“Being able to hire them will permit me to have our more experienced prosecutors handle our increasing numbers of violent cases, especially homicides, non-fatal shootings and rapes,” Williams said.
As of May 2 there have been 114 murders in Philadelphia. One of the victims was Clarice Douglas of the 1500 block of Corlies Street. Douglas was gunned down in the middle of the afternoon when two young Black males began shooting at each other. Douglas, who was standing on her porch waiting for her children to come home from school, was struck several times.
One of the suspects was wounded and is under arrest but the second suspect, Shekinah Williams, remains at large. Williams, 28, from the 2100 block of Sears Street, has been incarcerated before. There is a $5,000 reward being offered for his arrest and conviction; $2,500 was donated by State Senator Anthony Williams and $2,500 from developer Mark Nicoletti.
“Regarding this recent shooting, we have one person being held and we recovered a gun. We have some direction on the second suspect. As for the other recent incidents, there could be a lot of things causing the violence in that part of town,” said Philadelphia Police Commissioner Charles Ramsey regarding the investigation. “Basically, there is no shortage of thugs with guns who are not afraid to fire over any dispute.”
The district attorney echoed that sentiment at the budget hearing, and said one of the consistent problems that drive violent crime is the proliferation of illegal guns. Making it clear that law-abiding gun owners are not the problem, he said a new practice being used is asking high bail for those caught with illegal firearms.
“St. Louis began this practice last year and quickly cut its homicide rate by about 20 percent,” Williams said. “It is unlikely that most individuals caught carrying an illegal weapon will be able to post high bail. Therefore, they will remain in prison until their trial. Regardless of the verdict and sentence they receive, these offenders will already have served several months of incarceration. Both they and their criminal acquaintances will have seen and witnessed the new reality — if you carry an illegal gun you will be incarcerated, full stop. Moreover, in these cases we will almost always ask for prison time and no probation.”
The words of Sabina Rose O’Donnell’s accused killer pretty much say it all — the alleged confession to police of a young man suspected of rape and murder.
“I don’t like the whole thing. I shouldn’t have did it. I shouldn’t have put my hands on her. All over a bike,” said Donte Johnson in his confession after being arrested for the murder of O’Donnell in June 2010.
Jury selection began Monday April 30 in the murder trial of Johnson, who is accused of raping and strangling to O’Donnell to death for the bicycle she was riding. The prosecution says they have a lot of evidence — surveillance showing Johnson in the vicinity where O’Donnell was murdered, and DNA evidence linking him to the crime. Johnson’s defense says their client suffers from mental health issues that affect his ability to make decisions, and is trying to have his confession suppressed.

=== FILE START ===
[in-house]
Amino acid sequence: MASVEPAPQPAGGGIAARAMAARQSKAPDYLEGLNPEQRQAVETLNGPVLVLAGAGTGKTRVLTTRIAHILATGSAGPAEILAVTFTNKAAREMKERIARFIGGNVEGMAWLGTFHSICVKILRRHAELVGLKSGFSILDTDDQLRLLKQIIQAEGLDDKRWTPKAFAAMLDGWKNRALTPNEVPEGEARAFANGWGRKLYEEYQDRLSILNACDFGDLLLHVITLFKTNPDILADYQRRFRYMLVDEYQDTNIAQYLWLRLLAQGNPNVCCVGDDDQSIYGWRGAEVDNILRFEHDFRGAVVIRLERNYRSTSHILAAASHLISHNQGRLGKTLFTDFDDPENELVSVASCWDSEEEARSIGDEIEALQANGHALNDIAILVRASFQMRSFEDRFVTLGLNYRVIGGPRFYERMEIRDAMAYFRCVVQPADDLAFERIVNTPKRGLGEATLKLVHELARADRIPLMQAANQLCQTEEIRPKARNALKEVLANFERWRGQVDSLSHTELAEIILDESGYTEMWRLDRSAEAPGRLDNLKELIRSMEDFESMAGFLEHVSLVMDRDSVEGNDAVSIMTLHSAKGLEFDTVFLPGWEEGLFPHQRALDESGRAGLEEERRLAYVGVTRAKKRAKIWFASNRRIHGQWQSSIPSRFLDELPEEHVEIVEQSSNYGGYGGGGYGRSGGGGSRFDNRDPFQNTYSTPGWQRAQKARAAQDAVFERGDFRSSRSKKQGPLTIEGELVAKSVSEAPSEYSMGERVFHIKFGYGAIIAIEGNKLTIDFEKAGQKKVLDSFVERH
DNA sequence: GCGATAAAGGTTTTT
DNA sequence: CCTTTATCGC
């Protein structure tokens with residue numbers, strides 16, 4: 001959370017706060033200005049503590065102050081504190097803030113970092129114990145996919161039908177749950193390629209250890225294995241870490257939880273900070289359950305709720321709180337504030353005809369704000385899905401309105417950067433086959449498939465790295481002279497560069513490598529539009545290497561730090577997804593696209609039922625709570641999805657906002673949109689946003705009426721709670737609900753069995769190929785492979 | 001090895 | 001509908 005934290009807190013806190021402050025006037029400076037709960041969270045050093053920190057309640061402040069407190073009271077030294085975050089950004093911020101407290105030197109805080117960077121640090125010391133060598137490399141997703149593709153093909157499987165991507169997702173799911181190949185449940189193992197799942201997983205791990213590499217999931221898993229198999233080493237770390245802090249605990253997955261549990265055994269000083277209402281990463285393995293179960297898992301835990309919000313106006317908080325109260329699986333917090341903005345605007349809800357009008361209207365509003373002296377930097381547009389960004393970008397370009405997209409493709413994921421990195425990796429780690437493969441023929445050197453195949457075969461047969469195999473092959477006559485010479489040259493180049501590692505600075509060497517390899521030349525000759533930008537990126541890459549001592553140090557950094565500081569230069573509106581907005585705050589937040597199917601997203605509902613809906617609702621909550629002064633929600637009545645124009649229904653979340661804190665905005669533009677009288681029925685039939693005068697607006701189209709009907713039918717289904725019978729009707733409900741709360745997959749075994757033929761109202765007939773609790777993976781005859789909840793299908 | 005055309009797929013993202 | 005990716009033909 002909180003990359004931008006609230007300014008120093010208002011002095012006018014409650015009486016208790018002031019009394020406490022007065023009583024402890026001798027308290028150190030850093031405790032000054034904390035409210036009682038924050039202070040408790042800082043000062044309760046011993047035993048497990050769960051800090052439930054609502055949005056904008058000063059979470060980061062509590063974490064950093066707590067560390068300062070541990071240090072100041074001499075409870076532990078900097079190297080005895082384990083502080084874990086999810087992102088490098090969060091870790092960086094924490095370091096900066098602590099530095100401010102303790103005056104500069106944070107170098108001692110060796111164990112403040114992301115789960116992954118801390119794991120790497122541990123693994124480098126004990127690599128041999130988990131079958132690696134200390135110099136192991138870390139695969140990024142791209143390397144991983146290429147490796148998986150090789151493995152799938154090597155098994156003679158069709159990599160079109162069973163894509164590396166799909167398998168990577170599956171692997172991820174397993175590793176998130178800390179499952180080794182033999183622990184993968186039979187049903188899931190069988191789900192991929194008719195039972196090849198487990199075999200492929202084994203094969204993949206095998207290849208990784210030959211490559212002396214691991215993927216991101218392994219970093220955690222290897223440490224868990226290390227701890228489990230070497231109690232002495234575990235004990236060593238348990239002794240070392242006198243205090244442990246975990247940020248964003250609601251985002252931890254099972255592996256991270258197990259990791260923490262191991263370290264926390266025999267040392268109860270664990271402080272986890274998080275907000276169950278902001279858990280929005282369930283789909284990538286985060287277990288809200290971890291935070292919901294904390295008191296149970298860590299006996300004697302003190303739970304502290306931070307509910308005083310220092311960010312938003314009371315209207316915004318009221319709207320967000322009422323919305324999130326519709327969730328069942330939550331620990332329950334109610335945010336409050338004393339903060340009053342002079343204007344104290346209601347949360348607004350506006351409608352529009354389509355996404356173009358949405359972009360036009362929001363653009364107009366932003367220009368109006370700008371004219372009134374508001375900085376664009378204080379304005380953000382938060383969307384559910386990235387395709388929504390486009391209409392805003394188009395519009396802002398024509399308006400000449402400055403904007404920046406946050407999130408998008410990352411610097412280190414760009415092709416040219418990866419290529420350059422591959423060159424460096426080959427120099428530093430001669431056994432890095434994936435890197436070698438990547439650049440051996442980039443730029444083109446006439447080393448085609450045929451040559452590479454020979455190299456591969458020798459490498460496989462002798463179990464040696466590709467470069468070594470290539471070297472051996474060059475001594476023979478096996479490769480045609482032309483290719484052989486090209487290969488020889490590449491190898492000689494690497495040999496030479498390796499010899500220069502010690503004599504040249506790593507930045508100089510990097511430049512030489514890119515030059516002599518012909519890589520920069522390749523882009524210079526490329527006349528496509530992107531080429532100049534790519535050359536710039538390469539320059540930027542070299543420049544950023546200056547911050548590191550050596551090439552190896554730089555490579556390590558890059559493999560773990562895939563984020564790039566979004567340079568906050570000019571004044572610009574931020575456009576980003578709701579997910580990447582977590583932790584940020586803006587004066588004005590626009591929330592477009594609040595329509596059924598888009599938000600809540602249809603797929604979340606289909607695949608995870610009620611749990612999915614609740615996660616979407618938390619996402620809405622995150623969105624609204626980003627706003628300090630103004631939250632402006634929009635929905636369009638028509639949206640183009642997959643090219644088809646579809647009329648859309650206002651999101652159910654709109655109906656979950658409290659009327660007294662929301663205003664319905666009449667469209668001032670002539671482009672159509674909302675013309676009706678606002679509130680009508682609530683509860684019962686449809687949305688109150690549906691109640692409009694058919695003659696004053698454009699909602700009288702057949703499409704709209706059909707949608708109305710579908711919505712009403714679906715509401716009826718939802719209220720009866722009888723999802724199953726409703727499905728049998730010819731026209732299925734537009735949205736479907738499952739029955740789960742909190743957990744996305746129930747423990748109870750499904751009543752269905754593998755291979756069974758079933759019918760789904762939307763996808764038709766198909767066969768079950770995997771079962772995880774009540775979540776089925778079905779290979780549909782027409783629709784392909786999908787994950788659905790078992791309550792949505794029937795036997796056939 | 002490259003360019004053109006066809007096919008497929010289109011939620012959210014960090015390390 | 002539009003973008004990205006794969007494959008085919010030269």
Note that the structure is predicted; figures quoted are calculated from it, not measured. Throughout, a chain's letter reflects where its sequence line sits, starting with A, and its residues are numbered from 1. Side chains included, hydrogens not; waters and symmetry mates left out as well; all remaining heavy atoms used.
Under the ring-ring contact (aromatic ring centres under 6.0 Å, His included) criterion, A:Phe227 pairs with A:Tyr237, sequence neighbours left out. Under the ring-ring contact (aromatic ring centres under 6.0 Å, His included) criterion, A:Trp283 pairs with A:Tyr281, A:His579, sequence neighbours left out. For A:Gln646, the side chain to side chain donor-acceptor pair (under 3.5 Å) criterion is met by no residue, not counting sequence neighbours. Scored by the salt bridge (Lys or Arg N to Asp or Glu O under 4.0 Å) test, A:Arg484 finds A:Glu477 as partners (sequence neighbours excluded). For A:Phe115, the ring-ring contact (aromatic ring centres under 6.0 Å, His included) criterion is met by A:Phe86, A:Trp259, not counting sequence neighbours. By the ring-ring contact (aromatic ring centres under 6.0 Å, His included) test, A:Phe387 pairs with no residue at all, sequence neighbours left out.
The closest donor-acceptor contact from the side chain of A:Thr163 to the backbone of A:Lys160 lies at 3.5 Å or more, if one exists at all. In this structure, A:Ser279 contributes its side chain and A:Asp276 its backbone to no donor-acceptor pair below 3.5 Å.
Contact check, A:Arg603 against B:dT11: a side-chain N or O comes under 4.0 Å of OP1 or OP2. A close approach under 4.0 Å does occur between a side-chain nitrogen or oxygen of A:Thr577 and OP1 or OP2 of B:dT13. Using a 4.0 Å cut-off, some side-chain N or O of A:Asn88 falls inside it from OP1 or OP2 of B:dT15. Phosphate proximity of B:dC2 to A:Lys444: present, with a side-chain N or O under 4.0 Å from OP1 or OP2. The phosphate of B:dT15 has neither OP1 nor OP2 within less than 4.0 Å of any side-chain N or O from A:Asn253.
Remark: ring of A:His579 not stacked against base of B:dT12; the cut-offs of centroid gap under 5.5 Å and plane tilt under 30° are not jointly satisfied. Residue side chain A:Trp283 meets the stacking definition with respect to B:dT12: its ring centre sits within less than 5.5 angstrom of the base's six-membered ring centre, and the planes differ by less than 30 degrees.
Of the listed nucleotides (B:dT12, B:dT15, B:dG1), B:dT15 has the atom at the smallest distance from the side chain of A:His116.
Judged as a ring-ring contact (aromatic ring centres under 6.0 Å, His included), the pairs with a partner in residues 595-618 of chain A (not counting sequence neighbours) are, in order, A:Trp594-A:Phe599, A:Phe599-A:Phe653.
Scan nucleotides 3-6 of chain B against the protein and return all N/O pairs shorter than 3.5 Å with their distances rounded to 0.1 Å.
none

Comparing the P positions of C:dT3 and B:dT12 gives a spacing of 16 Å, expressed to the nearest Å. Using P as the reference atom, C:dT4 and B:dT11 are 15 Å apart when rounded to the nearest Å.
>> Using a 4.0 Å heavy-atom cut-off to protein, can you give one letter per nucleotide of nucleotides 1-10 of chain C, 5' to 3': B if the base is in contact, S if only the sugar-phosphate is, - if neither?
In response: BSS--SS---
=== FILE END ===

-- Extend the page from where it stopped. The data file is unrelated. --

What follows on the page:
As of Tribune press time, the judge hearing the case, the Honorable Glenn B. Bronson, had refused the defense’s motion and will allow the defendant’s confession as evidence.
The murder of O’Donnell was one of the 306 homicides in Philadelphia in 2010, but O’Donnell belonged to a stratum more visible to mainstream society than the mostly invisible young Black males who gun each other down almost every day.
She was a young, very pretty girl, an aspiring actress, model and dancer. She was a high school graduate from Franklin Learning Academy who worked at the trendy burger restaurant PYT. She was going places. By contrast, her accused killer Donte Johnson dropped out of William Penn High School in the 10th grade. Unlike O’Donnell, there is no Facebook picture album of Johnson, no photos showing him as an aspiring athlete, or winning awards — no photographs depicting what his hopes for the future were. In fact, the only pictures made public of Donte’s aspirations for the future were his mug shot, and those captured on surveillance camera showing him riding around in circles at 4th and Girard, looking into parked cars, allegedly waiting for someone to rob at 2 a.m.
He’s recorded following Sabina, who passed him by on another bicycle until he’s off camera. Two young lives that fatally intersected that night left one dead and the other at a dead end. O’Donnell was 20 years old when she was murdered. Johnson was 18.
According to police reports, O'Donnell left a friend’s house after 2 a.m. on June 2, 2010, borrowing the friend’s bike to get home to the nearby apartment she shared with her stepfather, Mark Rounds. Surveillance video released by the Philadelphia Police Department showed an unidentified man circling the area through which Sabina would ride. The next morning, a local resident discovered her naked body in an empty lot near her home. She had been beaten, sexually assaulted and strangled to death with her own bra.
Investigators collected a great deal of forensic evidence from the crime scene, including DNA form the person who raped her. Homicide detectives arrested Johnson on June 16, 2010, charging him with O’Donnell’s murder after his mother, Syreeta Johnson, turned him in.
It was originally thought that Johnson would take a plea agreement offered by the District Attorney’s Office — life in prison instead of the death penalty. He eventually rejected the offer, choosing instead to take his chances with a jury. The District Attorney’s Office last week decided against pursuing the death penalty in the case, but if convicted of first degree murder, Johnson still faces life in prison without the possibility of parole.